This is a series in which I get to learn about America from you.
Justin is a 21 year-old Libertarian living in the Detroit suburbs. When he’s not working as a substitute teacher, he participates in the Occupy Detroit movement and grows medicinal marijuana. I was thrilled to hear from him, and his interview shattered my assumptions in many ways. (I don’t want to spoil anything, but I hope you enjoy it as much as I did!)
What’s it like living in Detroit?
I don’t actually live in Detroit. I’ve lived in the suburbs, about 10 minutes outside of the D, most of my life. I hate to admit it, but I’ve noticed a huge decline in the area since the depression began. And when you go into the city of Detroit, it hits you like a brick. Some parts look like they belong in Somalia or Afghanistan, not the United States. Entire strips of what were once thriving businesses are burnt out, and look like they’re on the ugly end of a Tomahawk missile. It’s depressing.
You’ve been involved with the Occupy Detroit movement. Can you tell me more about that?
It’s done a great job of focusing on local issues that matter to the citizens of Detroit. For example, Occupy Detroit has been very involved in fighting foreclosures. Sometimes, hundreds of people physically occupied the home of someone who was being evicted.
Within hours of this, the banks called off the foreclosure, and the homeowner got to keep their house. It’s an interesting and helpful form of protest. I don’t see the people of Detroit complaining about it.
But I also have my critiques. In terms of demographics, about 80% of the city is African-American. So you’d think a movement called “Occupy Detroit” would reflect these demographics. But not even close.
Don’t get me wrong—there are certainly persons of color who participate. But the majority of Occupy Detroit is young, white college students like myself. And most of us don’t even live in Detroit. Many of us are from the suburbs.
White, unemployed students with nothing better to do but protest on behalf of people we think are incapable of speaking out for themselves. Can you say “White Savior Complex” much?! In that sense, I don’t think it’s representative of the city.
I’m not trying to discourage anyone from getting involved. I’d just like to see the movement populated by the people it claims to defend.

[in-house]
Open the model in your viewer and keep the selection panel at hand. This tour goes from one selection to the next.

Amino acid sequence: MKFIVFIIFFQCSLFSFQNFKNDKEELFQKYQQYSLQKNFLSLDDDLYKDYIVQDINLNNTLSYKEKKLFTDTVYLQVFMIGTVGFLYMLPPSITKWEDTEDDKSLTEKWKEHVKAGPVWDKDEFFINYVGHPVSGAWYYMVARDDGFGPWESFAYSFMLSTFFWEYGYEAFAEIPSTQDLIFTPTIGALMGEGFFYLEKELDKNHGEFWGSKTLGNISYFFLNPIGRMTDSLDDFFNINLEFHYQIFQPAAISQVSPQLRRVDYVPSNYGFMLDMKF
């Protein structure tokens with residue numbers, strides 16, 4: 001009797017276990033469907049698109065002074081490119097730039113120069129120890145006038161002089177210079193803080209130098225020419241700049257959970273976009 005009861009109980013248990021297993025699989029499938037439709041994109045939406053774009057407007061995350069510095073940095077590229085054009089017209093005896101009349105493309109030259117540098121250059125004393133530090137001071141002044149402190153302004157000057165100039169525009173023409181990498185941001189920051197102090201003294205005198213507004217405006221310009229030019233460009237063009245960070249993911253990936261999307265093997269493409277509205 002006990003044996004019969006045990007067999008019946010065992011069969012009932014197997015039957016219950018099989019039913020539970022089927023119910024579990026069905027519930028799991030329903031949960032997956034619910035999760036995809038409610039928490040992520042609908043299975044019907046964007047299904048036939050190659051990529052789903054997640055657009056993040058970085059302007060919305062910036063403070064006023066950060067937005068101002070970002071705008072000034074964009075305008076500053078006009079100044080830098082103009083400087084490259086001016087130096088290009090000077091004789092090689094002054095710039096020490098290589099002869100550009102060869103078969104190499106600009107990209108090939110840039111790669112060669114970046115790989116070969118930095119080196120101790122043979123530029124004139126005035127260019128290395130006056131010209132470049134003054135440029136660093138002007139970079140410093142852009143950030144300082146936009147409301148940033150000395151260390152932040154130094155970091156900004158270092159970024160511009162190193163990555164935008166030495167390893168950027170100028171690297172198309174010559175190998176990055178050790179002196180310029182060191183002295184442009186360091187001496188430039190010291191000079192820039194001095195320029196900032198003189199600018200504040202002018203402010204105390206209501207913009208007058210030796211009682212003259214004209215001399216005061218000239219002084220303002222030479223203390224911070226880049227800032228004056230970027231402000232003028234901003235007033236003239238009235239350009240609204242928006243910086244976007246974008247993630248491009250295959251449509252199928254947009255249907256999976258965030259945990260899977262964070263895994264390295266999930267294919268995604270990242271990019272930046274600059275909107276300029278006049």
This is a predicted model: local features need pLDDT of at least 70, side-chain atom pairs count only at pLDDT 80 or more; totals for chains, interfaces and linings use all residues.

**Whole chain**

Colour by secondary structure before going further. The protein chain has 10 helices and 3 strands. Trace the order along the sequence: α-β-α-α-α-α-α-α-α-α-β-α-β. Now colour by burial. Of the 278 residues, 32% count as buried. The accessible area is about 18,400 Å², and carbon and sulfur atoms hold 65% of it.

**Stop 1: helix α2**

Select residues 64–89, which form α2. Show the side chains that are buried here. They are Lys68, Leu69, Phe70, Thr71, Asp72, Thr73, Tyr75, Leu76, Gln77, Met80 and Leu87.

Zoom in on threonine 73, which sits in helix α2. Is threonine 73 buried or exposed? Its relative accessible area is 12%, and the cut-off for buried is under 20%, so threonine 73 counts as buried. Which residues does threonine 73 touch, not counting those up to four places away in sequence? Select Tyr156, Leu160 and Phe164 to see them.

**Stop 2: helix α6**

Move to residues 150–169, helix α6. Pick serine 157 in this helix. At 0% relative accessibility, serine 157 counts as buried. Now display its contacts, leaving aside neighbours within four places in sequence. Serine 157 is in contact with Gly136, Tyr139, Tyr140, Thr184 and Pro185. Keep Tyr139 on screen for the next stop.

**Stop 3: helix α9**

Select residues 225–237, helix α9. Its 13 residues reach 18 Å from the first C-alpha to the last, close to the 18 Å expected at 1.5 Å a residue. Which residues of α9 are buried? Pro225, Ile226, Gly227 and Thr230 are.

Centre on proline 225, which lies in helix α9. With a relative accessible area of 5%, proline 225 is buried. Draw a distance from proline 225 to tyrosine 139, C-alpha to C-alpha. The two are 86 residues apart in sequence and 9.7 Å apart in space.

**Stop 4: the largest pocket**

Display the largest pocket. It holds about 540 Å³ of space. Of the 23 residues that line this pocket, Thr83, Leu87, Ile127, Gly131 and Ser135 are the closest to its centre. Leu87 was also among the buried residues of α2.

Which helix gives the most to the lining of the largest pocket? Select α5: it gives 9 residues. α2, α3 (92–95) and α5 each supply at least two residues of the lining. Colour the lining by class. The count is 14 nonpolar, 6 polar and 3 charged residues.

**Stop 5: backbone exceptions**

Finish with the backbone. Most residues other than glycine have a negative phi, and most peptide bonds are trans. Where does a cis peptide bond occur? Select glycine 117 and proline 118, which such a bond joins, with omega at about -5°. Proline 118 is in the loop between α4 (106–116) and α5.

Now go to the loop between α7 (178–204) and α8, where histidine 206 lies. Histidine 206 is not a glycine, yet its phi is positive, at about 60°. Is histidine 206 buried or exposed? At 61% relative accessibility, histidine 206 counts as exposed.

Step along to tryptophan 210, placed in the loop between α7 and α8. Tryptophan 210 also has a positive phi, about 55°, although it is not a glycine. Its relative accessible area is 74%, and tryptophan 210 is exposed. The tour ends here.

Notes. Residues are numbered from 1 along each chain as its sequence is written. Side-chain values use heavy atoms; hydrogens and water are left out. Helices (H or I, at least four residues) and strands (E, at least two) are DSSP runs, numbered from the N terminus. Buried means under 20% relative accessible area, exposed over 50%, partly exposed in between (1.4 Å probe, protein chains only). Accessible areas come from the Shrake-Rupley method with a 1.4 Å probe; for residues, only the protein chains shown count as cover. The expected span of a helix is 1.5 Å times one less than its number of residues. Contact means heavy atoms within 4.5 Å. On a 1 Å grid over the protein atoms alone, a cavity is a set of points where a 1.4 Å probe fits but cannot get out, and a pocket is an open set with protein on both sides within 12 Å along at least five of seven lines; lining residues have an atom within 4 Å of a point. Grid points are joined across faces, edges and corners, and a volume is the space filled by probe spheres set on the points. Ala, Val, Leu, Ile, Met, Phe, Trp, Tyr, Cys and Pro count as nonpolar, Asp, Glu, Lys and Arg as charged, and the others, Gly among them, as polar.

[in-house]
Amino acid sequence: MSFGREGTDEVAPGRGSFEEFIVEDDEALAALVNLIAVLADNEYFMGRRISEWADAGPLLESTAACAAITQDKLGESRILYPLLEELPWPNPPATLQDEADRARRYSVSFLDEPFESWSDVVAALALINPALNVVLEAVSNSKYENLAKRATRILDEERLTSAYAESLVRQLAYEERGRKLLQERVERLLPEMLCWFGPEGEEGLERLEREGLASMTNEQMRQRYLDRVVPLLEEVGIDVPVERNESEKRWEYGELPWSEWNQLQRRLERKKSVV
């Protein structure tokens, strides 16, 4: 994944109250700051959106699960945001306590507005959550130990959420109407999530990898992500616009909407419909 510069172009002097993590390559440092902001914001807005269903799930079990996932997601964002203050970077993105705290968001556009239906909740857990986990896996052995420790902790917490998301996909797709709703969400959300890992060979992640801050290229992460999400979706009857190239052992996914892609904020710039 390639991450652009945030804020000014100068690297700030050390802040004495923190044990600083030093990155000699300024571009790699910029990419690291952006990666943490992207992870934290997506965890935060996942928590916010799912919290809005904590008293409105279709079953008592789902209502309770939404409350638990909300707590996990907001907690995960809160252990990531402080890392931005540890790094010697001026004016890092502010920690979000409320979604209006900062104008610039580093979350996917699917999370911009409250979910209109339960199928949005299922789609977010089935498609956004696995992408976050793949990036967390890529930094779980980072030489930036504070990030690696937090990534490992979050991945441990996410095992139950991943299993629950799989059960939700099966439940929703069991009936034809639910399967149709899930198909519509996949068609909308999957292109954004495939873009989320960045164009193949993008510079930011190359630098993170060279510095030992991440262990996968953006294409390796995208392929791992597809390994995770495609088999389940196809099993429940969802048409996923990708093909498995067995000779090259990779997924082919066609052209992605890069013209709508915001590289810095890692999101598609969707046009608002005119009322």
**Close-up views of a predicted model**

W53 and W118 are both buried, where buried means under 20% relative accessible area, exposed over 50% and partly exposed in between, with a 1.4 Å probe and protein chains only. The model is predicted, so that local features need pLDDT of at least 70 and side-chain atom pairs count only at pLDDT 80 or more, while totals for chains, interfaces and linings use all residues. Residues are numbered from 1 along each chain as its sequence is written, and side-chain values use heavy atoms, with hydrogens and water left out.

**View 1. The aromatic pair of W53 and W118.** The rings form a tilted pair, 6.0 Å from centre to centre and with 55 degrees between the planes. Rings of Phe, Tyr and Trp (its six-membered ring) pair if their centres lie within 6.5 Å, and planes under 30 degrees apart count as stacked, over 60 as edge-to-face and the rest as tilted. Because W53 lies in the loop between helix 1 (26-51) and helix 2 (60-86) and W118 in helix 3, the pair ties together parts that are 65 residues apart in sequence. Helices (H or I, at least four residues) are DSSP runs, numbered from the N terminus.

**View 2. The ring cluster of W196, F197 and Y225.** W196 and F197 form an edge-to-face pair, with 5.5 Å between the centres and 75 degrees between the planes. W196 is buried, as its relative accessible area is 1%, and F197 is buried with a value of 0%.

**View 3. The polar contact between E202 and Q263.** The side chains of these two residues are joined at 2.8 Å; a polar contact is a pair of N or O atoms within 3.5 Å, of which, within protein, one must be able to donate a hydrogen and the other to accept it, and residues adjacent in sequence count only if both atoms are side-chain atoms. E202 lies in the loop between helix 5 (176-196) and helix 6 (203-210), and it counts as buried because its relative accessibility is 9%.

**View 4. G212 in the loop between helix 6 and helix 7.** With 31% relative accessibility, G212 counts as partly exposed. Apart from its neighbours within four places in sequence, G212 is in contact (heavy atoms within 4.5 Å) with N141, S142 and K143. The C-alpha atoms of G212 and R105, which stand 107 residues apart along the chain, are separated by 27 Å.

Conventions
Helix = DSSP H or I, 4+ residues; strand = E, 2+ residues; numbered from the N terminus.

Are you still very involved?
Lately, no. When it started here, back in early October, I was very active, mostly on weekends. I attended meetings and General Assemblies, I camped out in Grand Circus Park. I marched in protests and participated in actions. I felt like I was contributing. But then I got a little disillusioned.
I’m a pretty ardent libertarian, and about as pro-capitalism as they come. And at these protests, there was a really strong anti-capitalist tone, which turned me off. I tried to suggest other actions, such as protesting the Federal Reserve (which conveniently has a branch office in Detroit). Whenever I’d suggest an alternative idea, I’d get laughed at and ignored.
I genuinely believe that the Fed causes most of the income inequality that the Occupy movement protests. Occupy really dislikes the banks, and what I think they need to understand is that the Fed is the banks.
So for a not-anti-capitalist like myself, I just felt really out of place with the Occupy movement. I drifted off and stopped participating.
Nowadays, my participation is pretty much contained to a Marxist book discussion group. It’s a small group of people from the Occupy movement who meet up every week in the Occupy Detroit building on Michigan Avenue.
Everyone suggests a short article or excerpt, and each week we read one and discuss how it relates to current events and the Occupy movement. Many Marxists are there, but I try to spice things up and offer an alternate view. The article I suggested recently was called “Markets not Capitalism” by Gary Chartier.